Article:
T.M.S. I will never understand, then, why the people of NYC don't rise up and demand appropriate education for all the students. Is it because the people who can get their children out do so and leave everyone else to fend for themselves?
 
2009-11-22 01:36:38 PM
LadyDonald: T.M.S. I will never understand, then, why the people of NYC don't rise up and demand appropriate education for all the students. Is it because the people who can get their children out do so and leave everyone else to fend for themselves?

I wish I knew. Obviously education is not a priority in much of our country.

What I can say is if NYC residents did not have the "honor" of having their tax dollars used to fund schools in the rest of the country there would be many more resources available to our own kids.
 
2009-11-22 01:44:45 PM
Meet the future douchbags of America.

/school, like life, is what you choose to make of it.
//educator
 
2009-11-22 01:48:23 PM
Hey kid, you in there?

What's two plus two?

Answer me now, or you're not coming out of your mother's belly, EVER!!!

////Testing is done younger and younger these days
 
2009-11-22 01:50:41 PM
Fengen: stiletto_the_wise: Foxxinnia: Pre-K seems a little early to be separating the wills from the will-nots. But then again I hated Brave New World.

Hate to break it to you, but the wills and will-nots are pretty much determined before birth. What's the most accurate predictor of an adult's income? Work ethic? Intelligence? Try "father's income".

Citation needed.

You talking about father as in biological or father like guy who raised them? The former suggests that income is genetic, the latter that it's environment-based.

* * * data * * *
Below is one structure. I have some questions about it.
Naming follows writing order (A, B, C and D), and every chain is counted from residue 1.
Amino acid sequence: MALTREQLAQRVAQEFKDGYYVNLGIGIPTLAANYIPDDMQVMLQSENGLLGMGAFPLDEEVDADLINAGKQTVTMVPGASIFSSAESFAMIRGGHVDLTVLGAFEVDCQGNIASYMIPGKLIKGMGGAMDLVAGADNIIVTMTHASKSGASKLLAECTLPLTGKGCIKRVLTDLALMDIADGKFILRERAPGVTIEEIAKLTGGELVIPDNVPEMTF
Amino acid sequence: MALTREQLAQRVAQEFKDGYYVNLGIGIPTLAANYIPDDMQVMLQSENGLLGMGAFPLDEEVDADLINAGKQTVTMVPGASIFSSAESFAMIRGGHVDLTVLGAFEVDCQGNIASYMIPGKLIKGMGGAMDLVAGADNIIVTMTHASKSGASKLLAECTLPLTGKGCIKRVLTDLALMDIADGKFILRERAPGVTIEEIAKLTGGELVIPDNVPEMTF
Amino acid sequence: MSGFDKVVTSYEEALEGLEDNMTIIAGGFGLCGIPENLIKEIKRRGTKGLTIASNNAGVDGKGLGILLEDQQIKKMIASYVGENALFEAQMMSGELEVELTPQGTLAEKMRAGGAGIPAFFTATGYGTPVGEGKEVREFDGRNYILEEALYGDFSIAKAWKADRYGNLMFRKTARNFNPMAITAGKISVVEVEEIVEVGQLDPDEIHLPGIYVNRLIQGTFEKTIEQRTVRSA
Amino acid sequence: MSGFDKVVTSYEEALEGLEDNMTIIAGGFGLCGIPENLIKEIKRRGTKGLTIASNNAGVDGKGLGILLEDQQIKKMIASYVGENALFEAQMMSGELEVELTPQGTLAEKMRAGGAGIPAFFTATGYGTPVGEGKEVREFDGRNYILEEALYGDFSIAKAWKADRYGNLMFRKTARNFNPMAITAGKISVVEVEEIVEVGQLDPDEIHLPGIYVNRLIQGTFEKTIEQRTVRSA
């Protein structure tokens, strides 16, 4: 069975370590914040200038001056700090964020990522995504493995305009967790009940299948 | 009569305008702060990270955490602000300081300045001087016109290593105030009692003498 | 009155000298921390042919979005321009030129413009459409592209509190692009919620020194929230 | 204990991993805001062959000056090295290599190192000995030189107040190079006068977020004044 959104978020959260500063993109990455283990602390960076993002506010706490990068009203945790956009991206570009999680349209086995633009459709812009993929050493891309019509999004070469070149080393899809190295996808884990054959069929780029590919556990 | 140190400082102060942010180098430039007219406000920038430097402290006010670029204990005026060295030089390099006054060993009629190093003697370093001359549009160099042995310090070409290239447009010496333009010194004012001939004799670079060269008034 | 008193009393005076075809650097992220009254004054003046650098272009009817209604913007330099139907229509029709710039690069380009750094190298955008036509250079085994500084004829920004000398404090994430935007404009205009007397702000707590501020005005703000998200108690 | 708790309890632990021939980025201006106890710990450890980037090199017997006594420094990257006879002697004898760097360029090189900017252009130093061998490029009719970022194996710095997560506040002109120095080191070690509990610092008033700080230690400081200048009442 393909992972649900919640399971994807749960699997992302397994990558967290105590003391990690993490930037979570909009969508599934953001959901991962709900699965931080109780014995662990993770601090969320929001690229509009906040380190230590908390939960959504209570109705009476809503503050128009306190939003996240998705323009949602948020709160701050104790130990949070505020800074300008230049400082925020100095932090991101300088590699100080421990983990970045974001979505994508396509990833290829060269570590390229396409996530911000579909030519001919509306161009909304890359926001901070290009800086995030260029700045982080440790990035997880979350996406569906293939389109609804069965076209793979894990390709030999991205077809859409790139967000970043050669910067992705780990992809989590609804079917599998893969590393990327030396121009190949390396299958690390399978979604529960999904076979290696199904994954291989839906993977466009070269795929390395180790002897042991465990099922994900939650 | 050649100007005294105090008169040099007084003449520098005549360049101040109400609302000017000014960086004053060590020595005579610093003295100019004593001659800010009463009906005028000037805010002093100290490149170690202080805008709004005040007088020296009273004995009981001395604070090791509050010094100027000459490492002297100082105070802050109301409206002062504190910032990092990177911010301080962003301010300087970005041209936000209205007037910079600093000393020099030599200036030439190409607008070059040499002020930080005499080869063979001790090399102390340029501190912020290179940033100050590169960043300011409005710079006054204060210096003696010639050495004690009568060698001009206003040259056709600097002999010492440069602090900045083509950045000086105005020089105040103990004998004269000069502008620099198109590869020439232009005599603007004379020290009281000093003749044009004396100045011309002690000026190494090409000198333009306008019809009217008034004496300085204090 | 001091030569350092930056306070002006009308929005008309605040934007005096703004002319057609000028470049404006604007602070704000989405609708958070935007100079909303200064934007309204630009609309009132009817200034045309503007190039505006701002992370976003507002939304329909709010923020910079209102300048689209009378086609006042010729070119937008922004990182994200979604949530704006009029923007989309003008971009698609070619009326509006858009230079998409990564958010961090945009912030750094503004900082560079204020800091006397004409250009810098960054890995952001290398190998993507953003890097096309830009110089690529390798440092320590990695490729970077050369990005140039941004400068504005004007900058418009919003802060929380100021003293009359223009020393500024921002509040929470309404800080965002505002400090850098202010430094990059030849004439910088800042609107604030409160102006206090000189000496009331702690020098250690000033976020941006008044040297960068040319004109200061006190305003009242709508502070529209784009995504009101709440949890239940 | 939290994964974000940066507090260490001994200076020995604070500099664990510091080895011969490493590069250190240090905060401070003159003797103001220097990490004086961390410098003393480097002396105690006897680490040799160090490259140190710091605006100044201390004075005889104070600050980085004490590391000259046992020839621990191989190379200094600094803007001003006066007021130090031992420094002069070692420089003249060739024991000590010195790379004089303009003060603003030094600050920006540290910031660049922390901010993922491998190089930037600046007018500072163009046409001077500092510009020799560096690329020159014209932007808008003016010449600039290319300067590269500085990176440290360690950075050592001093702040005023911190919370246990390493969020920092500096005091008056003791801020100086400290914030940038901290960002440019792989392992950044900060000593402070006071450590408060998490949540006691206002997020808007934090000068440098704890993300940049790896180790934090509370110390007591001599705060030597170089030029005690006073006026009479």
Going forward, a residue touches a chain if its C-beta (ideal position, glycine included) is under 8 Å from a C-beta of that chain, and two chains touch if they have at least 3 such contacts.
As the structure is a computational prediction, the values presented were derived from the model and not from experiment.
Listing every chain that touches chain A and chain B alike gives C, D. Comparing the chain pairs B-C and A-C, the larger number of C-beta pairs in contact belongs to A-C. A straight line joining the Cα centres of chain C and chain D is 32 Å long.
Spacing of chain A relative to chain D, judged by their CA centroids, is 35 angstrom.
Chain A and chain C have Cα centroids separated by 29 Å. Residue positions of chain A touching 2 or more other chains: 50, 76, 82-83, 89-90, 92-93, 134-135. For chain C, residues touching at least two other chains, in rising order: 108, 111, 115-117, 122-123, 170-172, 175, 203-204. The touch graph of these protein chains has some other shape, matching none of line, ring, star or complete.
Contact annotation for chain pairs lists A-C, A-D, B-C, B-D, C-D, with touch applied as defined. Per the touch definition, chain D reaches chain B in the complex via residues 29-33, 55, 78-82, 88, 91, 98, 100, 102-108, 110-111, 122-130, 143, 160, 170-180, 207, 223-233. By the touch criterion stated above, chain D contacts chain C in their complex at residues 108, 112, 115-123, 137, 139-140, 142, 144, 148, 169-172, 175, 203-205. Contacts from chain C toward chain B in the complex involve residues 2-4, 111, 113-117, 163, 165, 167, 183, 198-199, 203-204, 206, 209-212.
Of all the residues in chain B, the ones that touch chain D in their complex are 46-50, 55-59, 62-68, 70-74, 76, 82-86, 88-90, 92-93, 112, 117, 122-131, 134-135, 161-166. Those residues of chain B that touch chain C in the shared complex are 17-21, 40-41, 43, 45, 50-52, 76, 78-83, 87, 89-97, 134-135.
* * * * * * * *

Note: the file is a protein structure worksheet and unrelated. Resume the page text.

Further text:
It's hard to accept without some hard statistics, especially since antecdotally it hasn't been the case for me personally.


The quick 'n dirty, because I've long lost the bookmarks for these sorts of stats...

Higher income people are generally better educated (read: college degree), believe strongly in education, and take an active role in the education of their own kids. Kids whose parents take an active interest in their education tend to do better in school and are more likely to graduate from college. College graduates tend to earn more money than non-grads.

I think I may have something more concrete in a book laying around here somewhere, but that's the nuts and bolts of it.
 
2009-11-22 02:00:09 PM
I'm sorry but wanting kids to know how to do anything but how to be kids when they enter kindergarten is just wrong. They're just not ready for much else save for very few select cases. It's fun trying to explain to Europeans what the hell is going on trying to get kindergarten kids to read.
 
2009-11-22 02:26:54 PM
BAH!

I stick earpods playing scientific lectures on my balls so that my sperm get a head start in life!
 
2009-11-22 02:29:31 PM
Maxor: Lawnchair: Maxor: See its important that little whomever have the right sort of friends early these lifelong connections an entirely effect the level of hookers and blow he gets later in life.

There's also networking with the right fellow parents... good for your career and status. And, sending your kid to the right school so that she has the right tastes and up-to-date spending culture.

Yet, with all those intangible benefits these schools provide, it must be frustrating to know that there are kids who grew up in modular houses in Arkansas, went to mediocre public schools, and never set foot in a Kaplan, who manage to pull scores over 750 on their SATs.

Isn't networking with the right fellow parents, and the culture all about a better class of hookers and blow for the whole family?


Illusion. A trick is what a whore does for money or cocaine.
Obscure?

/daughter went to Waldorf preschool, now a successful bartender
 
2009-11-22 02:30:15 PM